The memories are never far from my grasp. It was late summer in 1996, my first morning in Rome in ten years. I stood between my son and daughter, then 10 and 14, each quietly taking in the exuberant activity by the Trevi Fountain. They loved the statues spitting water and the occasional visitor attempting to wade into the water only to be chased away by an ever-vigilant squad of municipal police. But what ran through my mind was the scene from Federico Fellini’s film masterpiece La Dolce Vita: Anita Ekberg and Marcello Mastroianni taking a midnight dip in the fountain’s cool waters. It was that cinematic moment that inspired my passionate affair with Rome.
I first saw that movie in New York City. I was alone, just barely in my teens, far removed from the glitter and spectacle and history of Rome. But by the time the final credits rolled and I eased out of a tight aisle for the long walk back to a cramped apartment I shared with my parents, I was ready to live life the Italian way.
I have never lost that desire.
I visit Italy often these days for business and family, but mainly to reconnect with the places I most cherish. Especially Rome. I walk the majestic curves of Via Vittorio Veneto and imagine what it was like in the heady 1960s when it was truly the beating heart of the Italian movie world. A time when directors Vittorio De Sica and Fellini, along with their fellow musketeers Mastroianni, Vittorio Gassman and, of course, Sophia Loren, formed their own version of Sinatra’s Rat Pack and tossed a fresh coat of style on a city already knee deep in elegance and culture.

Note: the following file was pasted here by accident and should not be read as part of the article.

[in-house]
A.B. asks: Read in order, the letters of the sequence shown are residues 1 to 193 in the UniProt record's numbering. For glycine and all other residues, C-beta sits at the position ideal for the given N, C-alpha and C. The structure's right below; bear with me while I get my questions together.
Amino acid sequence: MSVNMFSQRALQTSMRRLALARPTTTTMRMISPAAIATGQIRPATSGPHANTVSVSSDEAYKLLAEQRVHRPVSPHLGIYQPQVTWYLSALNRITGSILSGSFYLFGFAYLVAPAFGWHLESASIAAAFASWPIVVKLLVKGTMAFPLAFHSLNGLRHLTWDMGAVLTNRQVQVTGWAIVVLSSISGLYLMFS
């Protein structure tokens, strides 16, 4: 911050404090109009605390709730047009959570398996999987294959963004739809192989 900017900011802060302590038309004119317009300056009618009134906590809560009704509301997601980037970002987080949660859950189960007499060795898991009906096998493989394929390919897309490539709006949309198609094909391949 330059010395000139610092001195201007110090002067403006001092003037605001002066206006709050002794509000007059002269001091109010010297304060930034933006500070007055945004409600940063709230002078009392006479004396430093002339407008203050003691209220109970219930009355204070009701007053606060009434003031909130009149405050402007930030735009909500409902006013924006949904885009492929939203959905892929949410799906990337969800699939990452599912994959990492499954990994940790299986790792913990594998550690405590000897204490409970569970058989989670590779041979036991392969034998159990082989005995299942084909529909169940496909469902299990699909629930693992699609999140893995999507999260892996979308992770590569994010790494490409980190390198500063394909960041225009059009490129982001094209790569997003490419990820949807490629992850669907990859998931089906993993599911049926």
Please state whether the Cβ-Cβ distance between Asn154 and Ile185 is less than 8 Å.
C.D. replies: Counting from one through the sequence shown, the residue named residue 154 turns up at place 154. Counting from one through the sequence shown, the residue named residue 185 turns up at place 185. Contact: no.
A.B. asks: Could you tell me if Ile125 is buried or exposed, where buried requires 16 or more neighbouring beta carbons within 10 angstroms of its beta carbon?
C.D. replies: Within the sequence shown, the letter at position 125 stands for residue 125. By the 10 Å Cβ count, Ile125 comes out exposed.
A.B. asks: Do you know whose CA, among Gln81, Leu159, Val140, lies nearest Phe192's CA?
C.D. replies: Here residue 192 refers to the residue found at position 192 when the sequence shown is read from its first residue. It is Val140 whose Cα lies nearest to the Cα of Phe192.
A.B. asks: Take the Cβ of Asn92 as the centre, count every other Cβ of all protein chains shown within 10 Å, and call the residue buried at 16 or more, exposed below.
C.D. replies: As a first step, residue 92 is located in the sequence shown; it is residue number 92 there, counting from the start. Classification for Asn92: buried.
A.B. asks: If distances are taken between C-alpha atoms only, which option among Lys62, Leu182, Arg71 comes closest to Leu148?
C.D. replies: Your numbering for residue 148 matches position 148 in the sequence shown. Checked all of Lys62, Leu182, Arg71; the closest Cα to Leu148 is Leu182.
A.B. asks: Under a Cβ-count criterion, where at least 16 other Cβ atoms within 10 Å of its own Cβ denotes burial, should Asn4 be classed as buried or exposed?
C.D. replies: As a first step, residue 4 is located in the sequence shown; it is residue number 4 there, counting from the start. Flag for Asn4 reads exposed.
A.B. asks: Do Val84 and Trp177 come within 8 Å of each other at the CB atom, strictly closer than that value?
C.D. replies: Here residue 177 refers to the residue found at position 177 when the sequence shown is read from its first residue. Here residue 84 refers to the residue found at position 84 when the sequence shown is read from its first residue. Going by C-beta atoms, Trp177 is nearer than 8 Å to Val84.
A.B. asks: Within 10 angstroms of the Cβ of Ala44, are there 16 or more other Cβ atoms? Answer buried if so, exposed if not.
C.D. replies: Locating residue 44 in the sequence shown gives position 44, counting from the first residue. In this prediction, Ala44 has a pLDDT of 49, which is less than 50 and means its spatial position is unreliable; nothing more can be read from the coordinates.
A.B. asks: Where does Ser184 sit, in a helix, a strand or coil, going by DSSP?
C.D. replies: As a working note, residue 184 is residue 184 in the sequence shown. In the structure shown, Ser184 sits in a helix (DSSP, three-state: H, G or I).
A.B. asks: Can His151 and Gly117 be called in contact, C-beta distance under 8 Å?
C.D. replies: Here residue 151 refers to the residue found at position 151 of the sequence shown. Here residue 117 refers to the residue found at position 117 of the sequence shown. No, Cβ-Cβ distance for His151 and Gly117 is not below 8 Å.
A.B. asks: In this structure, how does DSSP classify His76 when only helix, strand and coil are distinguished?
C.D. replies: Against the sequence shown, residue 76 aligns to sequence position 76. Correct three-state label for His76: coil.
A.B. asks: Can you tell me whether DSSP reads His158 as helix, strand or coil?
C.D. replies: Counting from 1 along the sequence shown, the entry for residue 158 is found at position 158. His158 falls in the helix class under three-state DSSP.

Down the years, I’ve written parts of a novel, sitting on a wooden bench, surrounded by the serene beauty of the Borghese Garden, where lovers, young and old, stroll quietly past. I have my favorite Roman meal—pasta with artichokes and baby squid in a thick red sauce—at Café Romano, a restaurant near the Spanish Steps that many a concierge will tell you is merely a bar. I’ve shopped at the Campo de’ Fiori, eaten my share of dinners in the middle of the always-crowded-but-never-rushed madness of Gioia Mia, and walked the steep hills and rocky terrain once trod by gladiators and emperors.
But my Roman voyage always begins and ends with a stop at the Trevi Fountain and a long stroll on the Via Vittorio Veneto, accompanied by the memories of La Dolce Vita, one very special movie that long ago taught an impressionable young boy how very easy it is to fall in love with a city.
LORENZO CARCETERRA is the best-selling author of Sleepers and former writer/producer of Law & Order.
Shop National Geographic